Madonna as Eva Per?n in the film adaptation of the Andrew Lloyd Webber musical Evita (1996).
In 1990, after a string of unsuccessful films, Madonna starred as Breathless Mahoney in the action film Dick Tracy, directed by Warren Beatty based on the popular Chester Gould's comic strip . She sang three Stephen Sondheim songs and played opposite histrionic Al Pacino as well as Warren Beatty. Although she received mostly positive reviews for her role, critics were quick to point out that her best-reviewed roles were ones where Madonna had played someone who is not unlike herself. In 1991, Woody Allen offered her a small role in Shadows and Fog as a trapeze artist opposite John Malkovich. The film was shot in black and white and was an hommage to GermanExpressionist cinema, backed by the music of Kurt Weill. The following year, Penny Marshall cast her in A League of Their Own opposite Tom Hanks, Geena Davis and Rosie O'Donnell. The film, which centered on a women's baseball team during World War II, earned Madonna good reviews from critics for her lightweight and comedic performance. Following the backlash of her sexual provocative book Sex and its companion album Erotica, Madonna starred in the 1993 erotic-thriller Body of Evidence with Willem Dafoe. The film was overwhelmingly panned by critics and performed poorly at the box office, while only serving to add fuel to Madonna's growing public backlash. Later that year she starred in Dangerous Game (aka Snake Eyes) by Abel Ferrara opposite Harvey Keitel and James Russo. The film revealed her as a more than able actress and was very well received in France, where French newspaper Lib?ration dubbed her the fucked up Marilyn of the 90's. However, Dangerous Game was considered much too nihilistic and violent, and was released straight to home video in North America. In an attempt to improve her acting credentials, Madonna chose to take roles in independent films, first playing a singing telegram girl (again opposite Harvey Keitel) in Wayne Wang's Blue in the Face (1995) and as a witch in Four Rooms (1995). She also had a cameo as phone sex company owner in Spike Lee's film Girl 6 in 1996.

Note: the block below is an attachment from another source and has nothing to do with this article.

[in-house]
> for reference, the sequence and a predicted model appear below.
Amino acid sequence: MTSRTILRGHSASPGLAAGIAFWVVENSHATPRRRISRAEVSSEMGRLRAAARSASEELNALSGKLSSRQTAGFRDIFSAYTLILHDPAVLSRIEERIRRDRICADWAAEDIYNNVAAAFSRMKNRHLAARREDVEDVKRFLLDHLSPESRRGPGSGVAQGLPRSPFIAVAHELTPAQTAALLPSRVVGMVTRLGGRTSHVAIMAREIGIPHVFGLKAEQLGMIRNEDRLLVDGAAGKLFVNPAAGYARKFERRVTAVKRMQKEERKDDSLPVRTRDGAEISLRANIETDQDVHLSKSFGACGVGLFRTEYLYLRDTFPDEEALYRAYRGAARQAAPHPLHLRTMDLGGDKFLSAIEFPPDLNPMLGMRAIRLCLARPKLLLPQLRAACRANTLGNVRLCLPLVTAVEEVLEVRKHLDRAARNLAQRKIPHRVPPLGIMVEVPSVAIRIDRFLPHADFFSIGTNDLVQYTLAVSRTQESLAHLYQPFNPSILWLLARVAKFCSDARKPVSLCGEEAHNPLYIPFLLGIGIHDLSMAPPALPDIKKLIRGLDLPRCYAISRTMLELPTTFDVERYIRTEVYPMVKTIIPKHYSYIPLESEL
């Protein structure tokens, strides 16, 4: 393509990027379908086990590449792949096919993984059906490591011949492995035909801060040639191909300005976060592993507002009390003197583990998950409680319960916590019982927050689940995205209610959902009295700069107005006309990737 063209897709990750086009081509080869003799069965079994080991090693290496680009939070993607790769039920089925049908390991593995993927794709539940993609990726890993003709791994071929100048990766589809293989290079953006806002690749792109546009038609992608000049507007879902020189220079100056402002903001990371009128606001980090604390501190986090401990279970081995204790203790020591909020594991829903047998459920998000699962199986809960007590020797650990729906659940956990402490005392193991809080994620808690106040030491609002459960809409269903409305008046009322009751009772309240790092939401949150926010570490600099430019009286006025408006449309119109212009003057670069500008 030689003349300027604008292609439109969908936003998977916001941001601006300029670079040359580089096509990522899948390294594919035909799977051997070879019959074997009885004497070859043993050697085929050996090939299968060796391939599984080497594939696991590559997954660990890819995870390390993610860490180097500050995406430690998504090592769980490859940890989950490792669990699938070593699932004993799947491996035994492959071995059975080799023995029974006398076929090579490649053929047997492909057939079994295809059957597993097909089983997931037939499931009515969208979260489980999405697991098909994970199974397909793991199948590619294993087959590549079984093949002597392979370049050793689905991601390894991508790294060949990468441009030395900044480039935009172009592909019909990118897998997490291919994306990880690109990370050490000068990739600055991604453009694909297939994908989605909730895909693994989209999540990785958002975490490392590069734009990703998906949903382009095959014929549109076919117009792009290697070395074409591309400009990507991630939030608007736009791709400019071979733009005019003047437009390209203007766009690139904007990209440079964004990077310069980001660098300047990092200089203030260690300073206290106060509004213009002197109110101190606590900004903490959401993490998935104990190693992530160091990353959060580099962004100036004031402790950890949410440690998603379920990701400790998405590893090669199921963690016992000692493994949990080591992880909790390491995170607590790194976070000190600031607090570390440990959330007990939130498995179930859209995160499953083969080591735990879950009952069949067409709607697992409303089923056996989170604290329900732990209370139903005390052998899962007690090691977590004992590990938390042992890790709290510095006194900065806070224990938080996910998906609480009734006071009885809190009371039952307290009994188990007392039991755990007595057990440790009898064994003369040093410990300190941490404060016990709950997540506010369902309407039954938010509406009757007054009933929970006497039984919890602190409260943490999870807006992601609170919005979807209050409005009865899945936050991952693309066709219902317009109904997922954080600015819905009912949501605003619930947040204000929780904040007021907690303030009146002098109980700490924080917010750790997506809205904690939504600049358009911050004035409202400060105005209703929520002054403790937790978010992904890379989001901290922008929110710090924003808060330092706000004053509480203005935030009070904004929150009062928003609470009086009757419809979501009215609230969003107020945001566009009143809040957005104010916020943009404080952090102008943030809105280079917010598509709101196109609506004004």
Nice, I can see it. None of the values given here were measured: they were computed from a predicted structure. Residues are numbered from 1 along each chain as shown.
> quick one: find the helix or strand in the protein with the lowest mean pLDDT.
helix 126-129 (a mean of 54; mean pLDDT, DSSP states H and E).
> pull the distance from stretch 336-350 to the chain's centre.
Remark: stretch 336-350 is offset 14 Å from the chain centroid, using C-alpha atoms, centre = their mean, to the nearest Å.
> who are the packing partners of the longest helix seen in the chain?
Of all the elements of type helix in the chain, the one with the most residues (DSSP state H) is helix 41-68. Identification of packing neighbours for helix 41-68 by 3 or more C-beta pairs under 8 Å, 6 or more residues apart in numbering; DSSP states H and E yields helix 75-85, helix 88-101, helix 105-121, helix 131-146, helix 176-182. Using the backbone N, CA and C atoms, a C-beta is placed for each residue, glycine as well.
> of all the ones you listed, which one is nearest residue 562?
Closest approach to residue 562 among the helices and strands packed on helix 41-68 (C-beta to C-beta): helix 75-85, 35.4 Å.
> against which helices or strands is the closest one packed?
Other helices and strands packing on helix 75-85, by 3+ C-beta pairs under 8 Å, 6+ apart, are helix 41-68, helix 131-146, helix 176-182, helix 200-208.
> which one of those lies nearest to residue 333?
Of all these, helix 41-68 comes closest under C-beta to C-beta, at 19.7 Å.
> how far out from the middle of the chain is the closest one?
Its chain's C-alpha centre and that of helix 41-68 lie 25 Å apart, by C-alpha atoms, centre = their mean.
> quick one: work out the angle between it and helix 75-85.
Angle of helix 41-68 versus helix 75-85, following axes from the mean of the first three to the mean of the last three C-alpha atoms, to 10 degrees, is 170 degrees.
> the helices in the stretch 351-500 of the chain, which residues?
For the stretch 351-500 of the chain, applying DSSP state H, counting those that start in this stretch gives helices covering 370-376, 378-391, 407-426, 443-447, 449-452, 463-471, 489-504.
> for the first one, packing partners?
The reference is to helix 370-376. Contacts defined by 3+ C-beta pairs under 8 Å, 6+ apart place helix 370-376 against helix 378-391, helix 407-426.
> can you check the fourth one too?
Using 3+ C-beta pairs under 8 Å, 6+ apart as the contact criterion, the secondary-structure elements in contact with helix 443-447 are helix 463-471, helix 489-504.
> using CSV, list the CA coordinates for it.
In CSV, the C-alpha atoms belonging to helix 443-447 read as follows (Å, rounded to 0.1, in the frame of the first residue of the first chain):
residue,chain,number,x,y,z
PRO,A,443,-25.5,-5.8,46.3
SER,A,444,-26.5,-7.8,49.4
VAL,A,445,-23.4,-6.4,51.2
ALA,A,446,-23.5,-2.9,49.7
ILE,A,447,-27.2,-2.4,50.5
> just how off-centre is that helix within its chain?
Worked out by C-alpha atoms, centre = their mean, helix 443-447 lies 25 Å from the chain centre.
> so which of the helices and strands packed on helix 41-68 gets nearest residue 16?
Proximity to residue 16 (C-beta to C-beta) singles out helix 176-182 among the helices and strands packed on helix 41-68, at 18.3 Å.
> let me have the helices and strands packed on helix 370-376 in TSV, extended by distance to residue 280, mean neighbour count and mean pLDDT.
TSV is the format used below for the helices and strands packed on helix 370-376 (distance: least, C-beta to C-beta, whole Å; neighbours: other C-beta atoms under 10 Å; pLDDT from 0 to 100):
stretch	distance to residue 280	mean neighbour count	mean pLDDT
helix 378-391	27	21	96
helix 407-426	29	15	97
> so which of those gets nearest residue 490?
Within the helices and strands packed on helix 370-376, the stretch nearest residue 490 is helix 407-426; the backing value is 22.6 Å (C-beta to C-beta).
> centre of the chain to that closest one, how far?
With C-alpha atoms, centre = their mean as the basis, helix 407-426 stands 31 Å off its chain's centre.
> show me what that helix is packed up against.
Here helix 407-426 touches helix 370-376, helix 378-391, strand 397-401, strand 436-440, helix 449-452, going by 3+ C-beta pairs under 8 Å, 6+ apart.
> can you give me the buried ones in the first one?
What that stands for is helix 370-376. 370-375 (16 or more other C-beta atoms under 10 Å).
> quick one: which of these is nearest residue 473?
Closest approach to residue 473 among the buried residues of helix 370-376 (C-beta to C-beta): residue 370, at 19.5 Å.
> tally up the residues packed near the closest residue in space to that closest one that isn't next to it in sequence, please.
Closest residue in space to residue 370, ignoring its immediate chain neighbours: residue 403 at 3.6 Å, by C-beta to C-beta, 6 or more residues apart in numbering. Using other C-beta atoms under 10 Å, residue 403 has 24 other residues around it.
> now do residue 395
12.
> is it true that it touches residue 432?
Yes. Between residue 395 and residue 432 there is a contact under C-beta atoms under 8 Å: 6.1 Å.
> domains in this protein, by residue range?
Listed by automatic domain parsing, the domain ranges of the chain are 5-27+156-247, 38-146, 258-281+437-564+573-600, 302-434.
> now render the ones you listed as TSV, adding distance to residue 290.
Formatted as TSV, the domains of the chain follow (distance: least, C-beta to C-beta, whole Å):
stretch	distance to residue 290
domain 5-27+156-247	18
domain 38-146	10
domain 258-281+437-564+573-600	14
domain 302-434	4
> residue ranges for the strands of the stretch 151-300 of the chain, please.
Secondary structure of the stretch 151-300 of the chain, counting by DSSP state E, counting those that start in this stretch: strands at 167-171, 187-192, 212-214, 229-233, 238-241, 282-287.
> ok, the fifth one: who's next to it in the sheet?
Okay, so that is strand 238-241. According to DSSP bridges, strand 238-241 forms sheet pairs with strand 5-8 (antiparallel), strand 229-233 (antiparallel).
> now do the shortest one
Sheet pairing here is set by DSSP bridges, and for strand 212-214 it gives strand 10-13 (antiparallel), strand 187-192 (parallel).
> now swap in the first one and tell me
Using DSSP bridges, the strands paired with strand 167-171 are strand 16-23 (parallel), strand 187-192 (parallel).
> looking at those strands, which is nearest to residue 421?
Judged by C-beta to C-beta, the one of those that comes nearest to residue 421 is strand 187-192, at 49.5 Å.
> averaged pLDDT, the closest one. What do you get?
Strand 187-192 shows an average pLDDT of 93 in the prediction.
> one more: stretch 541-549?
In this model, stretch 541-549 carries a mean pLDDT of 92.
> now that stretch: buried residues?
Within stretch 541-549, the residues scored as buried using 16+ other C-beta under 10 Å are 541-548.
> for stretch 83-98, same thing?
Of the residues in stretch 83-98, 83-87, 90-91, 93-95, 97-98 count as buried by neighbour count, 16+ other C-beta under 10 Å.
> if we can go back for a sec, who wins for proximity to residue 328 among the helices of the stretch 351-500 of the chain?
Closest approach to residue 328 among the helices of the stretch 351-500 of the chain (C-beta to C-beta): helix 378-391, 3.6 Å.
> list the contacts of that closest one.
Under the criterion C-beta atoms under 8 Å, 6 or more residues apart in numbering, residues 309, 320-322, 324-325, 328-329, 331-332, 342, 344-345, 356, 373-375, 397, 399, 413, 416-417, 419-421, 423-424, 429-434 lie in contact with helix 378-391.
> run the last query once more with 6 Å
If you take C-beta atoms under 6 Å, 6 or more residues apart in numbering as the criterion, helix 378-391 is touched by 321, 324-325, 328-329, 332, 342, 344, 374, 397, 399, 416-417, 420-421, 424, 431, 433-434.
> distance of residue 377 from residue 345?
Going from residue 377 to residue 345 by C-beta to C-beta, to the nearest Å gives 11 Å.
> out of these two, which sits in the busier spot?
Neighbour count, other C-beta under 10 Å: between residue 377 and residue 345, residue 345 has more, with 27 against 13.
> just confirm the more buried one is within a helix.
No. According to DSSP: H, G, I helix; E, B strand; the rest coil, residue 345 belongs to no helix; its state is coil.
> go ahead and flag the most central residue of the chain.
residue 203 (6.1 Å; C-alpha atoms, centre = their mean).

Madonna in her visit to Madrid. 1996.
In 1996, Madonna starred as Eva Per?n in the film adaptation of the Andrew Lloyd Webber musical Evita. The film marked the first time in America since her appearance in Desperately Seeking Susan that Madonna was critically praised for her acting skills in a starring role, even though some critics compared the film to a long music video, which required no further acting skills of Madonna than what she had already exhibited in her own videos[citation needed]. Madonna had campaigned for the role for nearly ten years and in December 1994, she wrote a four page, handwritten letter to director Alan Parker explaining that she would be perfect to play the role. Parker agreed and to prepare for the film Madonna took voice lessons to extend her range and researched the life of her character.[17] In January 1997, she won a Golden Globe Award for Best Actress in a Motion Picture Musical or Comedy, but failed to receive a nomination at the Academy Awards, though the song "You Must Love Me" won the Oscar for Best Song. Both "You Must love Me" and "Don't Cry For Me